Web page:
Playwright attacked

The literary world has been rightly exercised recently at the outrageous treatment by the Turkish government of writer Ohran Pamuk, but we don’t always have to stray too far from home to see bizarre treatment of writers. Incredible reports in today’s paper about loyalist attacks on Belfast playwright Gary Mitchell and his family. Mitchell is well known in this part of the world for plays like In a Little World of Our Own centred on a family of three brothers living in the Rathcoole District of North Belfast, produced in the Peacock. Many others were produced in the Lyric and the Royal Court. According to the report , the playwright is now in hiding ‘after a campaign of death threats and bomb attacks by loyalist paramilitaries’. Mitchell’s plays, including As the Beast Sleeps and the Force of Change, which dealt explicitly with loyalist violence, have been controversial in his own community, but this seems astonishing:
    Mitchell's home was attacked by paramilitaries carrying baseball bats, their faces hidden by football scarves. His car was petrol bombed and exploded in his driveway. His wife, Alison, grabbed their seven-year-old son from his bed, ran outside with him, put him over a wall and threw herself on top of him to protect him. She said: "I heard an explosion and I thought they've killed Gary.


Mitchell spoke to the Guardian from a secret location:
    We are in hiding now. I feel a mix of confusion, anger, frustration and despair. There is a feeling that certain people are jealous and feel that I am depicting them in a bad way. They have decided that they will do this no matter what anybody says ... I haven't done anything other than write.
    "Some say the way to deal with this is to sit down with paramilitaries and ask them why they are doing this. I have no interest in doing that because I don't want to give people authority over my writing. If I negotiated with them, I would be recognising their authority, which I don't.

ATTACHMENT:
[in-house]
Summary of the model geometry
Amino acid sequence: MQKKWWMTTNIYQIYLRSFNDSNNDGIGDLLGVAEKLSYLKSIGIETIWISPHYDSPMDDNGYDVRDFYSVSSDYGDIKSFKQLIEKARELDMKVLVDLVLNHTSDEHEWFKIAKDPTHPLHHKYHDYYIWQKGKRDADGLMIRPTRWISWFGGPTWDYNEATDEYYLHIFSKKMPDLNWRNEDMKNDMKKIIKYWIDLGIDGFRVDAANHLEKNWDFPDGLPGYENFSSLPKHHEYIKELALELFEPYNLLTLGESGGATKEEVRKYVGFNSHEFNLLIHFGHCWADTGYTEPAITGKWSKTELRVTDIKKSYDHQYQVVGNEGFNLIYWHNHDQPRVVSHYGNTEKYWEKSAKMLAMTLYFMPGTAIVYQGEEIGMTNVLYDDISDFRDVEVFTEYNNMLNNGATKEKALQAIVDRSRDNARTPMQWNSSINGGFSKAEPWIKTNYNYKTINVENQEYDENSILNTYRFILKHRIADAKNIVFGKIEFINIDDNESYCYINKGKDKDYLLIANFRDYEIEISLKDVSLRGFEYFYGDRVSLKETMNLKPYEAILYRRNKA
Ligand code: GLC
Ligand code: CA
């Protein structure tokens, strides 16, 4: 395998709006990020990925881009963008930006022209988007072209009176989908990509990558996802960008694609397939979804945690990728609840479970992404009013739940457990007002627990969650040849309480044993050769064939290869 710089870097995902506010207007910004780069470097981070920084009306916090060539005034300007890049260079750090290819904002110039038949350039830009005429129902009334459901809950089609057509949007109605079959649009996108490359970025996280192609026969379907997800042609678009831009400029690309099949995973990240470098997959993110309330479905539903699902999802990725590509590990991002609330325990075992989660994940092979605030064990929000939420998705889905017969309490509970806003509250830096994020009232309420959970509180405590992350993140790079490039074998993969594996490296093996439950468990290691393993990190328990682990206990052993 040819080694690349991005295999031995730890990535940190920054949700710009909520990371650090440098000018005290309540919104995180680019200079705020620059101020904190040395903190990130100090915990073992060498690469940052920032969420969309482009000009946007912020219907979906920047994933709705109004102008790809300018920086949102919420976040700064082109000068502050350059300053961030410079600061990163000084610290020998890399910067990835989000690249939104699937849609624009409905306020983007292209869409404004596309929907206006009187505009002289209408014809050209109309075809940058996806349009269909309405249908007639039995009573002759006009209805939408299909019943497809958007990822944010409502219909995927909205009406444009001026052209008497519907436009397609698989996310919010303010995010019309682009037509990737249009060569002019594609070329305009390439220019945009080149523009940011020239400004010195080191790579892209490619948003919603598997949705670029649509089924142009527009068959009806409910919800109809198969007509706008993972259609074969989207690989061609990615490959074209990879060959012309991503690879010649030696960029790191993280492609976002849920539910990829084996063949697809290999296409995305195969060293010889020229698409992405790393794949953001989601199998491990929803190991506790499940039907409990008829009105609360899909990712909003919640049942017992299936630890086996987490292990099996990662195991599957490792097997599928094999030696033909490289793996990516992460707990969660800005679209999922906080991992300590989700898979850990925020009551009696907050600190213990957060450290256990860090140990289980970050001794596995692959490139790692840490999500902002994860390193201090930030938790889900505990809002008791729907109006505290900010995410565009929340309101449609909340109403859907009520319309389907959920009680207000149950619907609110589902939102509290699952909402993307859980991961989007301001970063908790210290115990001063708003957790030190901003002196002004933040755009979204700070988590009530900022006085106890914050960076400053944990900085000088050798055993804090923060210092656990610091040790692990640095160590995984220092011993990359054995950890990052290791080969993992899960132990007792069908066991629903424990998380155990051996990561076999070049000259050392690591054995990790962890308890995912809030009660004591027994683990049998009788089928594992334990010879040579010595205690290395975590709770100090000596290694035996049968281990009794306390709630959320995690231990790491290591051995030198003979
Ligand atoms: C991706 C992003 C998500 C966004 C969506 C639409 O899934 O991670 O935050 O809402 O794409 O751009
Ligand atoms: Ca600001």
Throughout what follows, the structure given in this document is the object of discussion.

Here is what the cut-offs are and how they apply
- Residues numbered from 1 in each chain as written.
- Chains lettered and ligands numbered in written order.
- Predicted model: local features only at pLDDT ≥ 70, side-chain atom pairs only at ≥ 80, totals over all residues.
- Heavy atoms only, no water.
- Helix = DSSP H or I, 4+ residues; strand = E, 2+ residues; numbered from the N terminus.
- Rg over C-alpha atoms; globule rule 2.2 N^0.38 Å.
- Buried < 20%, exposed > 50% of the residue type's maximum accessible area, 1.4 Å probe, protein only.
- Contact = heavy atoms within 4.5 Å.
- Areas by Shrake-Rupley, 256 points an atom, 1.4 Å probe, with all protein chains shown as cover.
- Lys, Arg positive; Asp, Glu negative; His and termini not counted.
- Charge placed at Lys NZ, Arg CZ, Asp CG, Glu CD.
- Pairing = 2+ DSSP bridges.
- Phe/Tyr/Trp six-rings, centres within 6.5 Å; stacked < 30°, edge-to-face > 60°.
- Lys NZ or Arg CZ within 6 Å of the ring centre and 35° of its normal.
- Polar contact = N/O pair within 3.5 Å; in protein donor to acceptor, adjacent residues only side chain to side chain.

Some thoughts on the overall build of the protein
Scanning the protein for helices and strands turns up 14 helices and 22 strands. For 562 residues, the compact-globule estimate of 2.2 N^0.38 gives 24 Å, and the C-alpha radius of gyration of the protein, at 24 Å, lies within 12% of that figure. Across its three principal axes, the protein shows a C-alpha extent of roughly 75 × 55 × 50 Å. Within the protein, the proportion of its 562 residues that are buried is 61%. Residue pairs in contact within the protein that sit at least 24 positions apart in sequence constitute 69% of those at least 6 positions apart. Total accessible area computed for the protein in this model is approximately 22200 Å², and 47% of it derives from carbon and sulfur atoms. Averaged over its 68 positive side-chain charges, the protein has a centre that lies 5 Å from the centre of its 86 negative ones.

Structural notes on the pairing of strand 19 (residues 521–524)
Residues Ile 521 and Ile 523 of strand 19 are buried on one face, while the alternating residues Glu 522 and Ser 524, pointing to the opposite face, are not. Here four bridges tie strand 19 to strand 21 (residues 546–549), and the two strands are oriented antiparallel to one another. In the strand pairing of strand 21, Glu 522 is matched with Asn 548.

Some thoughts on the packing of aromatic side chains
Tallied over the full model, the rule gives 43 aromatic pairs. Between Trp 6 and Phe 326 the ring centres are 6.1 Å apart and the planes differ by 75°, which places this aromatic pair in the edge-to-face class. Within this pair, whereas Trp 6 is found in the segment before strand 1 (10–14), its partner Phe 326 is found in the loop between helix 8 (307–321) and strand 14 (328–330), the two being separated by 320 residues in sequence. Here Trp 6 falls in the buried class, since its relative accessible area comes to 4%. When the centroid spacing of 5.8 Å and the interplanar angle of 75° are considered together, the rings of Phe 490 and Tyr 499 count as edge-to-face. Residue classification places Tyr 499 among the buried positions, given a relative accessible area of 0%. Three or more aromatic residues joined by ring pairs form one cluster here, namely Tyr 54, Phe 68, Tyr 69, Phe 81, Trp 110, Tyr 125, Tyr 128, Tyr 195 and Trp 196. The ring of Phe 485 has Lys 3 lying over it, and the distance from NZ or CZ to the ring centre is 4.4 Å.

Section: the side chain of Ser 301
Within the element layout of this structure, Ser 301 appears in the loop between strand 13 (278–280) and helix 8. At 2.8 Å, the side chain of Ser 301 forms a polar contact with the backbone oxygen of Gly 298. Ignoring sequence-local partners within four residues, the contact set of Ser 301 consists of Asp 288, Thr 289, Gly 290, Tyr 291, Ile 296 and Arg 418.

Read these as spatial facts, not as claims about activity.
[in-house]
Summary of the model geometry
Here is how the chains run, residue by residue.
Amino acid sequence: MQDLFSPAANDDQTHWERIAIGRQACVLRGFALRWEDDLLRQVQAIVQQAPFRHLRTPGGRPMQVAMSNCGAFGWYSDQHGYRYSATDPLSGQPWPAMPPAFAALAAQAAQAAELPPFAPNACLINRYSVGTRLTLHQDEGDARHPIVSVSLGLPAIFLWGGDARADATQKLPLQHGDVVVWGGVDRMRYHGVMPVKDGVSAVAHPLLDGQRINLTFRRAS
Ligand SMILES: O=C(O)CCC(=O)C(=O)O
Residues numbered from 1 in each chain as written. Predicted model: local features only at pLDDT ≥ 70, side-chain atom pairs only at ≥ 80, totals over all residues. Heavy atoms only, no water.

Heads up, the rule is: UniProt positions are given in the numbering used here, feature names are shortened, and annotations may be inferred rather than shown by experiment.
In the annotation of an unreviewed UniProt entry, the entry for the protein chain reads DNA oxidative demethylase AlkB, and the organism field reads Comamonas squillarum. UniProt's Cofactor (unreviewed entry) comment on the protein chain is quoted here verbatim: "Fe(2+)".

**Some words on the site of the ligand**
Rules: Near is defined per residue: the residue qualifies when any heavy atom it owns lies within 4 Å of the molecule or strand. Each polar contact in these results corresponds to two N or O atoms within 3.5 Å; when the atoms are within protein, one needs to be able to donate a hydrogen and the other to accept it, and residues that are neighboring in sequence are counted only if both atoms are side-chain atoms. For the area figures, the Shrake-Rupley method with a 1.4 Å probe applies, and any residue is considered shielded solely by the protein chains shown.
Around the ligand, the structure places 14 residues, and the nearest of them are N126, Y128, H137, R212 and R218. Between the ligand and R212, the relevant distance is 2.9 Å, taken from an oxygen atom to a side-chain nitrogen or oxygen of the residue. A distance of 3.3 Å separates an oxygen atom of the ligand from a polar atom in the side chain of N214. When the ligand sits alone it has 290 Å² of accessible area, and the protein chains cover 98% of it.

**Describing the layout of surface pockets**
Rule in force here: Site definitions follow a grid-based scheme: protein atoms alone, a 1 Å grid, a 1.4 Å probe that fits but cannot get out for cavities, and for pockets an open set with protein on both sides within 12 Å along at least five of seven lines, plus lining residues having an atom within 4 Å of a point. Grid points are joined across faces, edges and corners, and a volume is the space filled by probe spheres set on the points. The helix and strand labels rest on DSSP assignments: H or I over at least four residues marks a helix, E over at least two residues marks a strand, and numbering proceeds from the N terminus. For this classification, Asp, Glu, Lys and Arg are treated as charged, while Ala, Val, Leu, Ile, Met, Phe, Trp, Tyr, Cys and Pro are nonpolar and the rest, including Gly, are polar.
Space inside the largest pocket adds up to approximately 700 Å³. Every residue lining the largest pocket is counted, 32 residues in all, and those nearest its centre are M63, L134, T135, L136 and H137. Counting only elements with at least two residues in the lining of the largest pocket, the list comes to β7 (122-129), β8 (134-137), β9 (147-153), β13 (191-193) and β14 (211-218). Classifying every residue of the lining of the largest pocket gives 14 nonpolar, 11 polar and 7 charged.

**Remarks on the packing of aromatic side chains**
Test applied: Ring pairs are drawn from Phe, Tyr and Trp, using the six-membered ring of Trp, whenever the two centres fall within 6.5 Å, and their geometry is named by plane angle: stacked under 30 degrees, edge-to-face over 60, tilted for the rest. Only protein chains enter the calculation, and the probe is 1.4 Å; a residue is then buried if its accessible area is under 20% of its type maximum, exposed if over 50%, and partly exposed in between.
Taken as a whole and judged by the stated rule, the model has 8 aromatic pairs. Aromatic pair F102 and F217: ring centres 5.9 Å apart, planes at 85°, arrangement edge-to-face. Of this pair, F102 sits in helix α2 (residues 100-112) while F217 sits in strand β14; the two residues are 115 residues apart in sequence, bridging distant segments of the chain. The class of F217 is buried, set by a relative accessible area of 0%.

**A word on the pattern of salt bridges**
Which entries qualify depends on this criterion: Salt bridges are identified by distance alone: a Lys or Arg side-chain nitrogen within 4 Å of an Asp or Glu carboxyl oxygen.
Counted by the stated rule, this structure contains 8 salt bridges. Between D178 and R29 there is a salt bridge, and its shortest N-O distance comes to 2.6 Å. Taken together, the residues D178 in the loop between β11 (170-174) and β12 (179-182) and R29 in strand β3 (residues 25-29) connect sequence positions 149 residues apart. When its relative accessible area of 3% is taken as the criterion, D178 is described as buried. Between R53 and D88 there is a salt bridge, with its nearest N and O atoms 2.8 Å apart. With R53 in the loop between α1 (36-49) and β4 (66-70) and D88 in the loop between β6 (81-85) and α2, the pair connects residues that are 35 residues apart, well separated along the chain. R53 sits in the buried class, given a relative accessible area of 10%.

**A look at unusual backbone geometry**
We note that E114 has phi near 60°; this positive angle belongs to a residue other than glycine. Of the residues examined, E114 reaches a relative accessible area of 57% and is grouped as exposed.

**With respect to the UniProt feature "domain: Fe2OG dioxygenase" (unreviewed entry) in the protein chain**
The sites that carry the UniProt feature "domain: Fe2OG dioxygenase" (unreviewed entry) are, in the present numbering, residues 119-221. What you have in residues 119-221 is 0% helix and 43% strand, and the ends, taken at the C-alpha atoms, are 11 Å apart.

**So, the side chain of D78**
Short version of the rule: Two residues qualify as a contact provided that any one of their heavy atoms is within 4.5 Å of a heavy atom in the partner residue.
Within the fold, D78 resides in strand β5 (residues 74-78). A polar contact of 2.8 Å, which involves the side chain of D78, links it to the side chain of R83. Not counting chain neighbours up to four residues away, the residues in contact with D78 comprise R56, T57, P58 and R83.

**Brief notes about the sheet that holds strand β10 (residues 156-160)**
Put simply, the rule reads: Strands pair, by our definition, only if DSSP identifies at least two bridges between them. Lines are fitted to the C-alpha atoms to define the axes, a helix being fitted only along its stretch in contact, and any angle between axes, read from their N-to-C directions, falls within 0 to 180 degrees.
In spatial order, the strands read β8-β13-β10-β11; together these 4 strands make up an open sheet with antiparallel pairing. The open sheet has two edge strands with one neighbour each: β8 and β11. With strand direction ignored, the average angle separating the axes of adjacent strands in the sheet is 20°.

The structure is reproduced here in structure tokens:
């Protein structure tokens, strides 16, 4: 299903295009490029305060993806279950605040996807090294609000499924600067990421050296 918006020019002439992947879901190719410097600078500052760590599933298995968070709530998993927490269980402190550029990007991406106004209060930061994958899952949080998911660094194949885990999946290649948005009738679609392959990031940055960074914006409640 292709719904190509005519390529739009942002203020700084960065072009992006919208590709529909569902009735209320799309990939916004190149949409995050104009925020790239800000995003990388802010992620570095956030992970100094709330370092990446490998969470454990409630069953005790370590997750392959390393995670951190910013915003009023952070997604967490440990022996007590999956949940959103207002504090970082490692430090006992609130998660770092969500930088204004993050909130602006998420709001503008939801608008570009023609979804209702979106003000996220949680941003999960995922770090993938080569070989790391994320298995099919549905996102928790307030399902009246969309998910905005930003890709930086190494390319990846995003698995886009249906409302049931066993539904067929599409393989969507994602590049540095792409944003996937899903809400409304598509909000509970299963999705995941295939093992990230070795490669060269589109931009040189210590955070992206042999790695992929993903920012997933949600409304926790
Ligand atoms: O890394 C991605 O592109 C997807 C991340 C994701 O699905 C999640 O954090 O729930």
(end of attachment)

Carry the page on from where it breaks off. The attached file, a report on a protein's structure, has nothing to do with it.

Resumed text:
The Belfast novelist Glenn Patterson has organised an open letter in support of Mitchell with 30 other writers and if I find it I’ll link to it.
Susan McKay has a strong piece about it in the Irish News:
    It is a terrible thing to hear of a child so scared he says to his mother, "I'm going to die, amn't I?"

    This is what Alison Mitchell's seven-year-old said to her after men petrol bombed their home in Glengormley two weeks ago. She was terrified her son might be right. Her father-in-law, Chuck, took a heart attack. Alison's husband, Gary, ran after the attackers but they got away. The family was told to get out of the area and they are now staying with relatives.

    Chuck and his wife had already been intimidated out of their home in Rathcoole.

    The thugs who did this would call themselves loyalists but this wasn't the usual sectarian intimidation of a Catholic family out of a Protestant area.
    Gary Mitchell is a Protestant. He is a writer. He has, in a series of excellent and award-winning plays and films, given a voice to the angry men of loyalism. He has presented their dilemmas to the world and demanded that they be understood. He is passionately committed to his own people.

It will be interesting to see what coverage this attracts in the Irish press. Had Mitchell been intimidated and driven out by republicans it would have been front page news and we would have Michael McDowell foaming at the mouth....

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